state.rows  = rows;
 state.cols  = cols;
 state.elems = elems;
};

Next up we specify the number of rows and columns and populate the elements from an array representing the elements of the rows concatenated together, as done by the elems member of the matrix state, given in listing 3.

Listing 3: ak.matrix Dimensions and Elements Constructor
constructors[ak.NUMBER_T] = function(state, rows, args) {
 var arg1 = args[1];

 state.rows = rows;
 constructors[ak.NUMBER_T][ak.nativeType(arg1)](state, arg1, args);
};

constructors[ak.NUMBER_T][ak.NUMBER_T] = function(state, cols, args) {
 var arg2 = args[2];

 state.cols = cols;
 constructors[ak.NUMBER_T][ak.NUMBER_T][ak.nativeType(arg2)](state, arg2);
};

constructors[ak.NUMBER_T][ak.NUMBER_T][ak.ARRAY_T] = function(state, vals) {
 var n = state.rows*state.cols;
 var elems = new Array(n);
 var i;

 for(i=0;i<n;++i) elems[i] = Number(vals[i]);
 state.elems = elems;
};

We also allow the elements to be initialised according to their row and column positions, or all to a single value, or to zero if only the rows and columns are provided, as shown in listing 4.

Listing 4: ak.matrix Dimensions Constructors
constructors[ak.NUMBER_T][ak.NUMBER_T][ak.FUNCTION_T] = function(state, f) {
 var rows = state.rows;
 var cols = state.cols;
 var elems = new Array(rows*cols);
 var off = 0;
 var r, c;

 for(r=0;r<rows;++r) {
  for(c=0;c<cols;++c) {
   elems[off++] = Number(f(r, c));
  }
 }
 state.elems = elems;
};

constructors[ak.NUMBER_T][ak.NUMBER_T][ak.NUMBER_T] = function(state, val) {
 var n = state.rows*state.cols;
 var elems = new Array(n);
 var i;

 val = Number(val);
 for(i=0;i<n;++i) elems[i] = val;
 state.elems = elems;
};

constructors[ak.NUMBER_T][ak.NUMBER_T][ak.UNDEFINED_T] = function(state) {
 var n = state.rows*state.cols;
 var elems = new Array(n);
 var i;

 for(i=0;i<n;++i) elems[i] = 0;
 state.elems = elems;
};

As usual we can initialise an ak.matrix object with one that supports a similar interface, as shown in listing 5.

Listing 5: ak.matrix Object Constructor
constructors[ak.OBJECT_T] = function(state, obj) {
 var rows = obj.rows;
 var cols = obj.cols;
 var off = 0;
 var elems, r, c;

 rows = (ak.nativeType(rows)===ak.FUNCTION_T) ? Number(rows()) : Number(rows);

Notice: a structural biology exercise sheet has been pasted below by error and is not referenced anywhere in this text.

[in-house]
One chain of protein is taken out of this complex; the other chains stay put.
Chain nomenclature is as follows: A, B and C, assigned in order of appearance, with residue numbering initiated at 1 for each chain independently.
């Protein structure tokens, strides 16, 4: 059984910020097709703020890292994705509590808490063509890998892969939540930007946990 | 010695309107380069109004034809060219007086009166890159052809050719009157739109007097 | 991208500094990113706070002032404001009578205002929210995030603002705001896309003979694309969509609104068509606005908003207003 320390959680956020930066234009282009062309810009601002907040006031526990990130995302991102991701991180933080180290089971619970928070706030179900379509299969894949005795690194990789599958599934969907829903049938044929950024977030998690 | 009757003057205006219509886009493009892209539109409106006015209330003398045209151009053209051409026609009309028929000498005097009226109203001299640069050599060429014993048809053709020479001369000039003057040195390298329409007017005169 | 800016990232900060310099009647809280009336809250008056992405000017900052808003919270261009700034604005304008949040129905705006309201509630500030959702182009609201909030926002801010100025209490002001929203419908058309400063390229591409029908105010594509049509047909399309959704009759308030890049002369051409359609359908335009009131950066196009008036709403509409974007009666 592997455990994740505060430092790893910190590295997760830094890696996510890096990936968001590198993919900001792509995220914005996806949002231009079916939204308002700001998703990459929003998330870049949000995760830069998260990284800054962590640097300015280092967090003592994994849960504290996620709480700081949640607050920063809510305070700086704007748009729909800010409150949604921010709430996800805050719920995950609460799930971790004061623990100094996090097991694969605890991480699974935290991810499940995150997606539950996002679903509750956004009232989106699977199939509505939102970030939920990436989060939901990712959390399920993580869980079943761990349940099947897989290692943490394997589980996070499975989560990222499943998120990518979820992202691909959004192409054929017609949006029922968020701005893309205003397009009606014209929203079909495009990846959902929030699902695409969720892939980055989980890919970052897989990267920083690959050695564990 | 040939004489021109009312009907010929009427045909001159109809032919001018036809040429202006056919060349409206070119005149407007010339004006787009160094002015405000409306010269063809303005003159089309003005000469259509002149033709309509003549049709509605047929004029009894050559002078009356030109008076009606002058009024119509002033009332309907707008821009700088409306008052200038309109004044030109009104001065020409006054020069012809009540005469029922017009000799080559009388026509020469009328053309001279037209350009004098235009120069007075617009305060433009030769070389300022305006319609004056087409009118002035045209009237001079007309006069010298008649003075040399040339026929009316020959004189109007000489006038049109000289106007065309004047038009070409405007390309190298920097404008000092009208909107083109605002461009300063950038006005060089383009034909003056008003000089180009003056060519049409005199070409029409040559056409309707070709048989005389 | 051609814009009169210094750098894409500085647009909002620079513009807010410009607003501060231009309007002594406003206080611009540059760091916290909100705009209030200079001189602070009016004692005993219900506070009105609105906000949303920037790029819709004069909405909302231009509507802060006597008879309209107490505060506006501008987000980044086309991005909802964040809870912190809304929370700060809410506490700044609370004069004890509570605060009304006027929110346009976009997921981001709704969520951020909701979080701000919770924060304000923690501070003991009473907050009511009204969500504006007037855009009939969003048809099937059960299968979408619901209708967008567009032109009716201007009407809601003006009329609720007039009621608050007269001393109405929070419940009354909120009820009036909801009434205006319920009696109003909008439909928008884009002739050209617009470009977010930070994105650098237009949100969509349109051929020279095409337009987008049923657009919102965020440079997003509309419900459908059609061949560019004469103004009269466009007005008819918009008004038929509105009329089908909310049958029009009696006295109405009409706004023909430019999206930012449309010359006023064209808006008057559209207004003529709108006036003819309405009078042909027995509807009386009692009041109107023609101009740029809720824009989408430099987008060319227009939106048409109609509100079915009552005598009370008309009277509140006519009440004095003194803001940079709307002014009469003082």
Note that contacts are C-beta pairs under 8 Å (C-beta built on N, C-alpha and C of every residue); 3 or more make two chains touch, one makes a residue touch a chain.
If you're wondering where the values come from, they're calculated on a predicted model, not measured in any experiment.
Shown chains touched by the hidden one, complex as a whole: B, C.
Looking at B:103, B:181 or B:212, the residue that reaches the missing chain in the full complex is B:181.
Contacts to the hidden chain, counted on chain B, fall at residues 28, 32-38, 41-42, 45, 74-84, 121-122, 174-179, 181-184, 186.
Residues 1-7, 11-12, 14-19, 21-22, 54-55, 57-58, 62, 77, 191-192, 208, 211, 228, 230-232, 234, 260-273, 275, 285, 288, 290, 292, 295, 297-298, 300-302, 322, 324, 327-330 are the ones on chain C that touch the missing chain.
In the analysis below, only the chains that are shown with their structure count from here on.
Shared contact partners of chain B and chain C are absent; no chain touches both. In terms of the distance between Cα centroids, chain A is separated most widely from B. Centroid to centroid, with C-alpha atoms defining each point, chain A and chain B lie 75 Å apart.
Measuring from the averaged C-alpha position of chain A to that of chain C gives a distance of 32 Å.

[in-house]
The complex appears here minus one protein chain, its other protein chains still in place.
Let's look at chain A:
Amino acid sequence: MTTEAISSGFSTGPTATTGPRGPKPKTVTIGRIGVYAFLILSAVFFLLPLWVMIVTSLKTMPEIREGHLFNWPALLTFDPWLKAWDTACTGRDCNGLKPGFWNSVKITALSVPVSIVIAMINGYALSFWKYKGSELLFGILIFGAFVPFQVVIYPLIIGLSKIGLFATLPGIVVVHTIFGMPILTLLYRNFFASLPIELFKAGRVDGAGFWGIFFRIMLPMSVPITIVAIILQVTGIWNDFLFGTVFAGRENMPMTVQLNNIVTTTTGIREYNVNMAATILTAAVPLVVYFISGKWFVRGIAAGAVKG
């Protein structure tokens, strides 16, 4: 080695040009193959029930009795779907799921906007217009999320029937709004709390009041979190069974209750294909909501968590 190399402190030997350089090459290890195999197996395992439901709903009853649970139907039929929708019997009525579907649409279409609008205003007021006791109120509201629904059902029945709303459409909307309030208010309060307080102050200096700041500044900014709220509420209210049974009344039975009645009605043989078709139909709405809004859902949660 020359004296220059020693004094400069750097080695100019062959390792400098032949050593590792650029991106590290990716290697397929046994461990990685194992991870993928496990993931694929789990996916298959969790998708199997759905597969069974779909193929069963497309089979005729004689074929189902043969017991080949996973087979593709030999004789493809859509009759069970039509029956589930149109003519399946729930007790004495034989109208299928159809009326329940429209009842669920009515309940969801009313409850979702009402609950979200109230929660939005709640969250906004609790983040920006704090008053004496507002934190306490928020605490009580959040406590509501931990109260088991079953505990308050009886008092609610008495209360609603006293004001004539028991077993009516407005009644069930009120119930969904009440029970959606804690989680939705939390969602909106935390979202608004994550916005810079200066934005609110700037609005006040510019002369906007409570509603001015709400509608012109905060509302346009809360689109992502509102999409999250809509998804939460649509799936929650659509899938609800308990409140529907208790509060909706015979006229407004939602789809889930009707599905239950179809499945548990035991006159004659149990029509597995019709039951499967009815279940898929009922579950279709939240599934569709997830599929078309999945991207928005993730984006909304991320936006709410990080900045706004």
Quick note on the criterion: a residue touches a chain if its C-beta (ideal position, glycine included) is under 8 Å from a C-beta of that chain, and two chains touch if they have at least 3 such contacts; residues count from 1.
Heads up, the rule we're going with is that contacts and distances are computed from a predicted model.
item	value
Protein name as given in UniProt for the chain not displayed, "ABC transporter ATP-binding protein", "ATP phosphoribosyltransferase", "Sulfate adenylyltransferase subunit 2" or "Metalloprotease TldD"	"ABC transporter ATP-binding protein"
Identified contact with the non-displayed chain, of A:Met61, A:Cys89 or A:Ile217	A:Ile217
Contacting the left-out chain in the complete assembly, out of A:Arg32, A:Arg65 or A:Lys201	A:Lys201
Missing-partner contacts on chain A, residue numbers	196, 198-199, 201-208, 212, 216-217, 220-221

cols = (ak.nativeType(cols)===ak.FUNCTION_T) ? Number(cols()) : Number(cols);

 elems = new Array(rows*cols);

 for(r=0;r<rows;++r) {
  for(c=0;c<cols;++c) {
   elems[off++] = Number(obj.at(r, c));
  }
 }

 state.rows  = rows;
 state.cols  = cols;
 state.elems = elems;
};

It's convenient to be able to construct identity matrices without explicitly specifying the elements, so we have a constructor that we use to do so, as shown in listing 6.

Listing 6: ak.matrix Identity Constructor
constructors[ak.STRING_T] = function(state, type, args) {
 constructors[ak.STRING_T][type.toUpperCase()](state, args);
};

constructors[ak.STRING_T]['IDENTITY'] = function(state, args) {
 var arg1 = args[1];
 constructors[ak.STRING_T]['IDENTITY'][ak.nativeType(arg1)](state, arg1);
};

constructors[ak.STRING_T]['IDENTITY'][ak.NUMBER_T] = function(state, n) {
 var elems = new Array(n*n);
 var off = 0;
 var r, c;

 for(r=0;r<n;++r) {
  for(c=0;c<r;++c)   elems[off++] = 0;
  elems[off++] = 1;
  for(c=r+1;c<n;++c) elems[off++] = 0;
 }

 state.rows  = n;
 state.cols  = n;
 state.elems = elems;
};

To specify that we want to construct an identity matrix, we pass the string 'identity' as the first argument and since identity matrices are necessarily square we only need to pass one number for the rows and columns.

Another common type of matrix is the diagonal matrix which, like the identity matrix, has elements equal to zero off the leading diagonal but, unlike it, can take any values on the leading diagonal. For the sake of parsimony we shall frequently represent them with vectors and it is therefore convenient to construct diagonal matrices in the same fashion as we construct vectors. To do so we pass the string 'diagonal' as the first argument and arguments compatible with the ak.vector constructors for the rest. The latter are used to construct an ak.vector via JavaScript's Function.apply method which is then used to initialise the leading diagonal, as shown in listing 7.

Listing 7: ak.matrix Diagonal Constructor
constructors[ak.STRING_T]['DIAGONAL'] = function(state, args) {
 var a = new Array(args.length-1);
 var off = 0;
 var i, v, r, c, n, elems;

 for(i=1;i<args.length;++i) a[i-1] = args[i];
 v = ak.vector.apply(null, a);
 n = v.dims();
 elems = new Array(n*n);

 for(r=0;r<n;++r) {
  for(c=0;c<r;++c)   elems[off++] = 0;
  elems[off++] = v.at(r);
  for(c=r+1;c<n;++c) elems[off++] = 0;
 }

 state.rows  = n;
 state.cols  = n;
 state.elems = elems;
};

Note that this string identifier approach will be the mechanism that we shall use whenever we need parameterised special cases of types which, unlike the imaginary unit for example, cannot simply be ak constants.

ak.matrix Conversions

The toArray method simply forwards to a toArray function defined in listing 8.

Listing 8: toArray
function toArray(rows, cols, elems) {
 var a = new Array(rows);
 var off = 0;
 var r, row, c;

 for(r=0;r<rows;++r) {
  row = new Array(cols);
  for(c=0;c<cols;++c) row[c] = elems[off++];
  a[r] = row;
 }
 return a;
}

The various string conversion methods similarly forward to a toString function, passing a numeric string conversion function if necessary. Listing 9 shows the implementation of toString.

Listing 9: toString
function toString(rows, cols, elems, f) {
 var s = [];
 var off = 0;
 var r, c;

 s.push('[');

 for(r=0;r<rows;++r) {
  s.push('[');

  for(c=0;c<cols;++c) {
   s.push(f ? f(elems[off++]) : elems[off++]);
   s.push(',');
  }

  s.pop();
  s.push(']');
  s.push(',');
 }

 s.pop();
 s.push(']');

 return s.join('');
}

This creates a square bracketed comma separated list of square bracketed comma separated lists representing the rows. To keep the logic simple, entries are always followed by commas which are removed when adding closing brackets.